by Dr. Mark H. Shapiro
Breaking News - May 6, 2002: The Academic Senate of the California State University System Votes Unanimously to Oppose SB 1646.
The Irascible Professor has obtained a copy of the following resolution, which was passed unanimously by the statewide Academic Senate of the California State University system at its May 2-3, 2002 meeting. The resolution opposes the passage of California Senate Bill SB 1646, which would require California State University campuses to offer an undergraduate degree in "elementary education" in place of the current law (Ryan Act) that requires candidates for elementary teaching credentials to obtain an undergraduate degree in an academic subject either before or concurrently with completing their credential work.RESOLVED: That the Academic Senate of the California State University (ASCSU) oppose SB 1646 (Alpert) as amended in Senate, April 1, 2002; and be it furtherEd. note: Dede Alpert (D. San Diego) is the primary sponsor of SB 1646. She also was one of the primary sponsors of SB 2042, which permitted elementary education credential candidates to enroll in "Blended Teacher Education Programs (BTEP)". Students in BTEP can complete the initial credential requirements simultaneously with the completion of an undergraduate degree in an academic major.
RESOLVED: That the ASCSU support efforts to prepare qualified teachers in a timely manner; and be it further
RESOLVED: That the ASCSU pledge to work collaboratively with Senator Dede Alpert and other educational policy makers to further our shared agenda; and be it further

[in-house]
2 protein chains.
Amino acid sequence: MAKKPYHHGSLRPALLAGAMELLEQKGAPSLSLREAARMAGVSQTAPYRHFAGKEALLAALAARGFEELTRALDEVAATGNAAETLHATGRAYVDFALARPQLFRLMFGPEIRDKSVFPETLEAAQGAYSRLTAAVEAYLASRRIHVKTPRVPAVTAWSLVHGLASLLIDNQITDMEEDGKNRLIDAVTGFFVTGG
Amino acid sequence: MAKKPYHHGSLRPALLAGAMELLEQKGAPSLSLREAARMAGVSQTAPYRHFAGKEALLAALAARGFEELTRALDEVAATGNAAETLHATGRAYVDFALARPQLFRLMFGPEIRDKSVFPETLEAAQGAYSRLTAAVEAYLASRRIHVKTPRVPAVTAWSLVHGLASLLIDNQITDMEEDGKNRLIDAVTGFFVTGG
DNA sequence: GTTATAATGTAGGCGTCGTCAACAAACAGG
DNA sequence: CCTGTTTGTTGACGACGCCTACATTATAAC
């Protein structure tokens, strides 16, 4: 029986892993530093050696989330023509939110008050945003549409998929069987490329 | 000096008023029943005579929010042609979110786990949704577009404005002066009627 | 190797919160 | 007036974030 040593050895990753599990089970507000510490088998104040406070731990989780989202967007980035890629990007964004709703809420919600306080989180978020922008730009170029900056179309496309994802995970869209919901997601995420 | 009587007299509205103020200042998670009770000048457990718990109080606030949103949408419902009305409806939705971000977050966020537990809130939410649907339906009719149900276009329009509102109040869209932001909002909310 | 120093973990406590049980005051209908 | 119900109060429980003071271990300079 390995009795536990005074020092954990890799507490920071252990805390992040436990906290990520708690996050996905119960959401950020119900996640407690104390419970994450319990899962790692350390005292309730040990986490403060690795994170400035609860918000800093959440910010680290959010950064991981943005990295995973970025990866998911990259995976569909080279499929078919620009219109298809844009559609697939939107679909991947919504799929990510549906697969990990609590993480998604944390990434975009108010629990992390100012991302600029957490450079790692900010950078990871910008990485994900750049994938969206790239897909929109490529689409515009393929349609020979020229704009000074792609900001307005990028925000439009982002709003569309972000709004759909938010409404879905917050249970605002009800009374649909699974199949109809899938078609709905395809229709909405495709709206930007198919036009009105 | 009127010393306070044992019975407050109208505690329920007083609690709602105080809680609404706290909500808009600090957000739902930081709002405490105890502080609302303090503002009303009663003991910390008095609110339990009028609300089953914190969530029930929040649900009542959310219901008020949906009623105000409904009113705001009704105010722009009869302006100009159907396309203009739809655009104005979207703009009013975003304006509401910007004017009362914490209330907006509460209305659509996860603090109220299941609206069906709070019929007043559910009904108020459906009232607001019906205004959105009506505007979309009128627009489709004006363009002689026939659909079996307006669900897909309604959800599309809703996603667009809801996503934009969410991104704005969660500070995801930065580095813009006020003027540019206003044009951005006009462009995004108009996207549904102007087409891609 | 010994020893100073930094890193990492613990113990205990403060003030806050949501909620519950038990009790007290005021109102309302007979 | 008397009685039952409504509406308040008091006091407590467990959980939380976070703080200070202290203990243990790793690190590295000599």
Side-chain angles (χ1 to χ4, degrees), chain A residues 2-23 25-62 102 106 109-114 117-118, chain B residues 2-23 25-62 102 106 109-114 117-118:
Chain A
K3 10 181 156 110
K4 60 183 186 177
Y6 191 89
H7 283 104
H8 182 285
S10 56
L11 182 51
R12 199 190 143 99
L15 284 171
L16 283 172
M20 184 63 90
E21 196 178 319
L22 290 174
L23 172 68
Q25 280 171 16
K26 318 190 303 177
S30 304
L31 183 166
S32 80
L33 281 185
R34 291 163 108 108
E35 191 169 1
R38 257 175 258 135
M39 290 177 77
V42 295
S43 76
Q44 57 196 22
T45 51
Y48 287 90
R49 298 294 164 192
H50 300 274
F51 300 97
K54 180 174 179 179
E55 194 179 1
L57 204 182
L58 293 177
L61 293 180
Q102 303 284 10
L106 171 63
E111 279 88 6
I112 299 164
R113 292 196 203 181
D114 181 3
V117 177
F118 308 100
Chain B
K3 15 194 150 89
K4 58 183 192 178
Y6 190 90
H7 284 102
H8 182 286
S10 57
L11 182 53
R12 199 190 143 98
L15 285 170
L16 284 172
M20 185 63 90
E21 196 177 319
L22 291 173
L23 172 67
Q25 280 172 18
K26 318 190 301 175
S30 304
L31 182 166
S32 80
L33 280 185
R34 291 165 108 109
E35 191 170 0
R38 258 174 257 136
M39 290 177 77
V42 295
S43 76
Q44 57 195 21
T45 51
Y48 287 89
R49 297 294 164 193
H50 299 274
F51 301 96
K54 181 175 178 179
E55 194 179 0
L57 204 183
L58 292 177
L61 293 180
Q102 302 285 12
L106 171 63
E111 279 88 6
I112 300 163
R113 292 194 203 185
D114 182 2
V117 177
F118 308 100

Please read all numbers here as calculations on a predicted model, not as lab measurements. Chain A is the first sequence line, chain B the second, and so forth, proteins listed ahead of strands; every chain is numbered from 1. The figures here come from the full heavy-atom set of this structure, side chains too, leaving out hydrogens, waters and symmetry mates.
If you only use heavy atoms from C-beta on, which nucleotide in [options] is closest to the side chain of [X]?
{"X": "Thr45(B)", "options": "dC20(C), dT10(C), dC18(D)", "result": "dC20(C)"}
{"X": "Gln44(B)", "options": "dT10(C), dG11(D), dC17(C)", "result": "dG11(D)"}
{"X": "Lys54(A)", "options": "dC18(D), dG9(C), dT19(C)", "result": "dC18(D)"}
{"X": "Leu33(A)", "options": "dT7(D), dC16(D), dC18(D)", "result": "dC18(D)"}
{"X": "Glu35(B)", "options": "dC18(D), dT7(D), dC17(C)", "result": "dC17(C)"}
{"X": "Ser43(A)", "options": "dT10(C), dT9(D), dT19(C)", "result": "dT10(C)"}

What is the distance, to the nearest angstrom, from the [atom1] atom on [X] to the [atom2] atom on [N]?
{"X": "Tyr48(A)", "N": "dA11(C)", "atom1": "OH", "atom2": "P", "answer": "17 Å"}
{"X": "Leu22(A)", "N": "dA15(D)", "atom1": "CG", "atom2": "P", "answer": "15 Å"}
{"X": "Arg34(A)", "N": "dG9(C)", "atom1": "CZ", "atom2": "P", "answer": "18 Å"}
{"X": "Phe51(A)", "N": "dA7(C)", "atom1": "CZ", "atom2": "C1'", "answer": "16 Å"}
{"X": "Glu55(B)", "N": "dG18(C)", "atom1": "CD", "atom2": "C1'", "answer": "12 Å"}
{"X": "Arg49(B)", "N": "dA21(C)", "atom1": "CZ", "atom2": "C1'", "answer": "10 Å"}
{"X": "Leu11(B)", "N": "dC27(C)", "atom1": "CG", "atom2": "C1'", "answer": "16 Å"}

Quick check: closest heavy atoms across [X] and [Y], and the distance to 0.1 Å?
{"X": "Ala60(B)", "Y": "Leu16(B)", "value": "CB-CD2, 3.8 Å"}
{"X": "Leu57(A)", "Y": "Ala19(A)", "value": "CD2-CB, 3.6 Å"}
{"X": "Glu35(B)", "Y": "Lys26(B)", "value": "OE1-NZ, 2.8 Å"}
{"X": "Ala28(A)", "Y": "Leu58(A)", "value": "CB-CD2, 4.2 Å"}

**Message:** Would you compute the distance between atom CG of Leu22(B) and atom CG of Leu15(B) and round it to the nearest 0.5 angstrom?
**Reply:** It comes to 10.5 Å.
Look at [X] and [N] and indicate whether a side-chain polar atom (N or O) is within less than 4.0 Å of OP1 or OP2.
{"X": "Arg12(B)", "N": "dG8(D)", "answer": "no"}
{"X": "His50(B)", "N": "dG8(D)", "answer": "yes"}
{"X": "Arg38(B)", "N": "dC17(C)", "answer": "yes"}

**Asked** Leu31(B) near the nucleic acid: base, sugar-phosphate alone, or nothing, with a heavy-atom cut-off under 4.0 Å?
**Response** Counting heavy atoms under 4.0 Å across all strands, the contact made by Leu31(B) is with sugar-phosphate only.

RESOLVED: That the ASCSU send this resolution and accompanying rationale to Senator Alpert and the Senate Education Committee.
RATIONALE: This bill would mandate an undergraduate major in elementary education at every public postsecondary institution in California. Further it provides direction for the content and administration of those programs. In its recognition of the critical need for qualified teachers and implementation of SB 2042, the ASCSU supports efforts to prepare qualified teachers in a timely manner. For the same purpose, blended teacher preparation programs have been established on CSU campuses through collaboration and cooperation between education and subject matter faculty. Further development of alternative routes to teacher credentials should build upon existing programs and collaborations.
Our specific concerns in regard to SB 1646 are:
Control of curriculum, determination of administrative structures, and quality of programs are properly academic matters.
Substitution of mandated undergraduate majors in Elementary Education for the (current) Ryan Act's prohibition of such majors is excessive. The current language in the bill could result in a significant negative consequence for student financial aid, e.g., Pell Grants.
Unanimously Approved May 2-3, 2002
© 2002 Dr. Mark H. Shapiro - All rights reserved.